As the Web becomes increasingly complex, basic HTML is mostly used as a text formatting tool. Now a far more elegant, flexible, and attractive Web-building language has begun to assert itself. It’s called Cascading Style Sheets (CSS), and, although it may take you a while to learn, its advantages are numerous.
CSS sites begin with a style sheet — a document, designated by the .css file extension, which contains the various style definitions associated with a page or site’s components. For example, a style sheet can tell a browser what size text to use in any or all headers, what color border to put around a given portion of content, or how wide the page should be. CSS term applies the designated styles to the page content, unless explicitly told to do otherwise. That is, the style definitions “cascade” through the code until new directions are received.
With CSS, the bulk of your markup will be done in these style sheets, which allow the information they contain to be used over and over again without being recreated. As a result, CSS pages tend to require less code, and therefore they load faster. Since a single style sheet controls your whole site’s design and layout, site-wide changes only require you to update one file. The lack of markup in your code also makes that code easier to read and maintain.
Probably the most significant advantage CSS has over HTML is that it allows you to separate content from presentation. CSS still uses tags, but their relationship with the style sheets makes them far more powerful than HTML tags. They denote everything from position to design to interactive functions like rollovers.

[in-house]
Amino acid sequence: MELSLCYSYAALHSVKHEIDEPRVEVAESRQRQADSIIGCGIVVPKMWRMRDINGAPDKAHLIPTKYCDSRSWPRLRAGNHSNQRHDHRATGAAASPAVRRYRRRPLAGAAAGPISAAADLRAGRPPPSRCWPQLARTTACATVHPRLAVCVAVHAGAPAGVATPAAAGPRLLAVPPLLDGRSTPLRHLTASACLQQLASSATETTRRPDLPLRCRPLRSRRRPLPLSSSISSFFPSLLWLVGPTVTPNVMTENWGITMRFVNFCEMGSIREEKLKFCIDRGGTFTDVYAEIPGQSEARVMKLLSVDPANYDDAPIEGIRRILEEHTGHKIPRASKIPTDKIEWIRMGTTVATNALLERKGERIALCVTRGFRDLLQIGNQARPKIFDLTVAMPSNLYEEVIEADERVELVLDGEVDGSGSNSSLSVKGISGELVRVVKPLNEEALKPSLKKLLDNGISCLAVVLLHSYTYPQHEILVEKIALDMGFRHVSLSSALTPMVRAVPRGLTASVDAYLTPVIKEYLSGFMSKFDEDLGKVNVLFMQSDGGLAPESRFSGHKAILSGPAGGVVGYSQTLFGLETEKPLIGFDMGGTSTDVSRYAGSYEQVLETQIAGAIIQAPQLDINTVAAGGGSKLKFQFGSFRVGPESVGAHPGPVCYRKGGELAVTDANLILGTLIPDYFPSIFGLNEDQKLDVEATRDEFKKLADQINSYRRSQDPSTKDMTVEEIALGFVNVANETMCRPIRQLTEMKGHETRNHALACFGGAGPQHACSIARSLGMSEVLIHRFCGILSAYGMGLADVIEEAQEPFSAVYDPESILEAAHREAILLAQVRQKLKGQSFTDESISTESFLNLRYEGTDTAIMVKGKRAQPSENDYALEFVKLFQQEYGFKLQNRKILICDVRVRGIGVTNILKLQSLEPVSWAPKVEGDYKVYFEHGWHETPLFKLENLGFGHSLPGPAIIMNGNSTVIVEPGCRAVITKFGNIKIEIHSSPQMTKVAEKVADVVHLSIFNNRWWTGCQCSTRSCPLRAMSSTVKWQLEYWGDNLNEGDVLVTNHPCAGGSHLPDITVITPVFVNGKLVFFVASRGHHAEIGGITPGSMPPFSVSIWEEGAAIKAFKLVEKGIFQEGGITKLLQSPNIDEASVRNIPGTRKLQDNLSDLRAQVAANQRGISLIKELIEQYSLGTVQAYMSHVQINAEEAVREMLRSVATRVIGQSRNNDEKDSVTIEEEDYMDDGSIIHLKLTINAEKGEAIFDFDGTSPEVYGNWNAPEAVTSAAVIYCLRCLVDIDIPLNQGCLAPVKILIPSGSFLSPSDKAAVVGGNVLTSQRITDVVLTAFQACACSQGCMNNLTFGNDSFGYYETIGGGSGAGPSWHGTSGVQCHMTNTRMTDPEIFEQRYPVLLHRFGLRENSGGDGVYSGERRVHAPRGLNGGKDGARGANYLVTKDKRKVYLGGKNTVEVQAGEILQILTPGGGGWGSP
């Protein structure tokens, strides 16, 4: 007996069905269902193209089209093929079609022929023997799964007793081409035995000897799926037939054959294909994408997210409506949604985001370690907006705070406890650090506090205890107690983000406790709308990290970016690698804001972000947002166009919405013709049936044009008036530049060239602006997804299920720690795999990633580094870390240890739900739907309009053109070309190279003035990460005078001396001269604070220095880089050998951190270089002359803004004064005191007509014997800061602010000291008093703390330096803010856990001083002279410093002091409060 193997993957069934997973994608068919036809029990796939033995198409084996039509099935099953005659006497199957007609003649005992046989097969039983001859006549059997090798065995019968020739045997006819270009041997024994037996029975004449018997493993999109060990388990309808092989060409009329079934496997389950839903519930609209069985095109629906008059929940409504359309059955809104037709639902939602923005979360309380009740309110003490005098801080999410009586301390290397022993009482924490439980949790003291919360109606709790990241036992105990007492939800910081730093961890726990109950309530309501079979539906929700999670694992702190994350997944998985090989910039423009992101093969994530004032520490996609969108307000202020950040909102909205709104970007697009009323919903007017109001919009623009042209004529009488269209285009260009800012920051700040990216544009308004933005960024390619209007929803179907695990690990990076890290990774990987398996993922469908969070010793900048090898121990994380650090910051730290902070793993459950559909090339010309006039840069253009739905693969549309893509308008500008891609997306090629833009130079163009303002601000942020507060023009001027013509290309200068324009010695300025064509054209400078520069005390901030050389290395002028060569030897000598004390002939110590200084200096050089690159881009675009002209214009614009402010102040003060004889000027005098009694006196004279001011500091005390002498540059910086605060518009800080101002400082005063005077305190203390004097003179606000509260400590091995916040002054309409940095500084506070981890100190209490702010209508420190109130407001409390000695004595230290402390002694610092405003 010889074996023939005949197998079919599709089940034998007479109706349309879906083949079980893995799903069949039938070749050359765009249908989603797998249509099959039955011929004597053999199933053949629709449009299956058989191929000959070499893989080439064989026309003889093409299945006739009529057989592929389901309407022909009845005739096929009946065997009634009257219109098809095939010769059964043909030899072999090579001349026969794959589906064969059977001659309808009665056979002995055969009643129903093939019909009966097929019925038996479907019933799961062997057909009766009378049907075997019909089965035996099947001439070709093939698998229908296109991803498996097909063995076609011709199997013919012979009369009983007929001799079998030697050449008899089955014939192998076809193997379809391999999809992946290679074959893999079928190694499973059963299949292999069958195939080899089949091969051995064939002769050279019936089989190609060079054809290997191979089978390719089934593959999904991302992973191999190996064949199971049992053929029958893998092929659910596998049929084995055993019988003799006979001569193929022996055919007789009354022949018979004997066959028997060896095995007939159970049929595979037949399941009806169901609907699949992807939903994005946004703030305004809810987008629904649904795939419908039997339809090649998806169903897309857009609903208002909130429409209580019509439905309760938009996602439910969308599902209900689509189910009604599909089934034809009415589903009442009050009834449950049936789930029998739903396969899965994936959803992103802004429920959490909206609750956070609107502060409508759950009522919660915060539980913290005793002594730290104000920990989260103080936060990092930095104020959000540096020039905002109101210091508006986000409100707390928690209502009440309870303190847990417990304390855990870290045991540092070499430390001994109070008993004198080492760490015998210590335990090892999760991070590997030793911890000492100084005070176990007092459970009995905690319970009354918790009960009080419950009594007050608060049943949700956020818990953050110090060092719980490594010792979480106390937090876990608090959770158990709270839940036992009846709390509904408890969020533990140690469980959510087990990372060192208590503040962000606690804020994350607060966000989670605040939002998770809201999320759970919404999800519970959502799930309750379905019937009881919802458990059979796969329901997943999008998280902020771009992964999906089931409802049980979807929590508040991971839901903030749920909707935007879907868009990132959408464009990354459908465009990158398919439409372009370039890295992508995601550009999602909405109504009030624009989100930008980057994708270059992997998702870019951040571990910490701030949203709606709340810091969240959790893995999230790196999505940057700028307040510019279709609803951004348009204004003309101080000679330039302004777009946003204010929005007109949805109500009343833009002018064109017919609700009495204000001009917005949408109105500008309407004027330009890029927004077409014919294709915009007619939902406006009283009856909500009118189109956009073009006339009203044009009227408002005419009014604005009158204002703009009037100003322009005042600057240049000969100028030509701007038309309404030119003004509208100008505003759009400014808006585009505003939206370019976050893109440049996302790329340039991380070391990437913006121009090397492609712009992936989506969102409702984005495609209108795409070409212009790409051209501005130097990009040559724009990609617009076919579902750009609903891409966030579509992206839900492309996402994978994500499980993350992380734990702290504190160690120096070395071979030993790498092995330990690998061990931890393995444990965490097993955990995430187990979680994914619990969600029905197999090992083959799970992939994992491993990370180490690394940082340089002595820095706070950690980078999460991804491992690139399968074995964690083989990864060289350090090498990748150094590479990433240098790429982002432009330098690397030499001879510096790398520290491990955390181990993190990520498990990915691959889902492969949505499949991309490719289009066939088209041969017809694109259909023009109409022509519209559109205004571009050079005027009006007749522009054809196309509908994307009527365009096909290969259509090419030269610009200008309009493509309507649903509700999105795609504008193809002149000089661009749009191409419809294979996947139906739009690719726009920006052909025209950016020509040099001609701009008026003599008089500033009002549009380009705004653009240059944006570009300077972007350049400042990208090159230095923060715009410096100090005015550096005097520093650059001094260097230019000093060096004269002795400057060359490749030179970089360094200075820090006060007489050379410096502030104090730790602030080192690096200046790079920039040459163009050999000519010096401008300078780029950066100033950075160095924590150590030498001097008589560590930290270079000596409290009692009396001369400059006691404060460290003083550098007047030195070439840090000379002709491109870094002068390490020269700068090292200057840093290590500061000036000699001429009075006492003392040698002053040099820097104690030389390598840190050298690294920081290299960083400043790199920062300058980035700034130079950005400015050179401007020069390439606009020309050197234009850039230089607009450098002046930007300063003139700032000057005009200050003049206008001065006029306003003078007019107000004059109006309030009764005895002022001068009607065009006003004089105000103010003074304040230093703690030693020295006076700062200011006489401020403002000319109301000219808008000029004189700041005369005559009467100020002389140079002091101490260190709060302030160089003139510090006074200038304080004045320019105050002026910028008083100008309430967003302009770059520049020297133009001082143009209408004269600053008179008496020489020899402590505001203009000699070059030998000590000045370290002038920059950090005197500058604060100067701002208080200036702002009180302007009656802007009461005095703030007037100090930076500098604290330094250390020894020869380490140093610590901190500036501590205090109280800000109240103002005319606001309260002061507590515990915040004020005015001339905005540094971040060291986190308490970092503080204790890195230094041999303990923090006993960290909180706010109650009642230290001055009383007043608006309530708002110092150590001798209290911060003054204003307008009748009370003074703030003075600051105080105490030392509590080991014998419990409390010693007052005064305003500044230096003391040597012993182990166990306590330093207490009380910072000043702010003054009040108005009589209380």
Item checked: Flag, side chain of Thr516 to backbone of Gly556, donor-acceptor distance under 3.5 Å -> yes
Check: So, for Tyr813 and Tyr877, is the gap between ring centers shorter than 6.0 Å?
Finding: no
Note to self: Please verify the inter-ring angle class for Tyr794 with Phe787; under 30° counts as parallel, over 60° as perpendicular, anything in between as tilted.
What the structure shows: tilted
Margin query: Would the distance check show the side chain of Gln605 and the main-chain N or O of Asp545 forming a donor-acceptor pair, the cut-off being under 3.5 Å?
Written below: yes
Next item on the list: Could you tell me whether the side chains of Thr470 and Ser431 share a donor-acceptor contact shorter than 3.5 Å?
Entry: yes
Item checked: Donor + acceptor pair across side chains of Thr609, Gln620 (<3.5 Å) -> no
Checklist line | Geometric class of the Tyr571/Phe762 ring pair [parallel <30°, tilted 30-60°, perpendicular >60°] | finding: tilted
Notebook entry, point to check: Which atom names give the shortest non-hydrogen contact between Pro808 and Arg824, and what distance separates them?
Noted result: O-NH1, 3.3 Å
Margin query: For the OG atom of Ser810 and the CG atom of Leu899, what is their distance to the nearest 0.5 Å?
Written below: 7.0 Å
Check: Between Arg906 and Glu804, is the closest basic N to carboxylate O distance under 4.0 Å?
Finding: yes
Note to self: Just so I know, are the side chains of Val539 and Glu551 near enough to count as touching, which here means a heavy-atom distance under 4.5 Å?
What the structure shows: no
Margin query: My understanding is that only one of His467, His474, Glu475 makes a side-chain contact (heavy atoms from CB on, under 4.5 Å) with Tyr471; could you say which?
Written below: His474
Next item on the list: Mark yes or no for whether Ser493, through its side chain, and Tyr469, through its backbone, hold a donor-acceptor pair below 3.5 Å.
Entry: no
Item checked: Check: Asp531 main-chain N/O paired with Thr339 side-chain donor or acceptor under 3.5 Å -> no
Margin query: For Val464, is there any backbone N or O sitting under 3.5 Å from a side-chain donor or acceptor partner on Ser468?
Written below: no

Another benefit of CSS is that it can help improve your search engine rankings. Because its page code is cleaner and faster, and because the actual content of the page is placed higher in CSS-built pages, it’s easier for search engines to decipher them. CSS also allows you to be more explicit about the exact nature of the content. For example, you could create a tag called “address” or “employees.” Be sure to read What Is Search Engine Optimization? for more information on this topic.
Because content and markup are so effectively segregated in CSS sites, you can make them display in a range of formats just by referencing a different style sheet. For example, you can create a style sheet exclusively for print format, or even for cell phones.
If there’s a drawback to CSS, it’s that it takes time to learn. But once you’re up and running with it, you’ll have a cleaner, more flexible Web site that is free of table-dependent designs.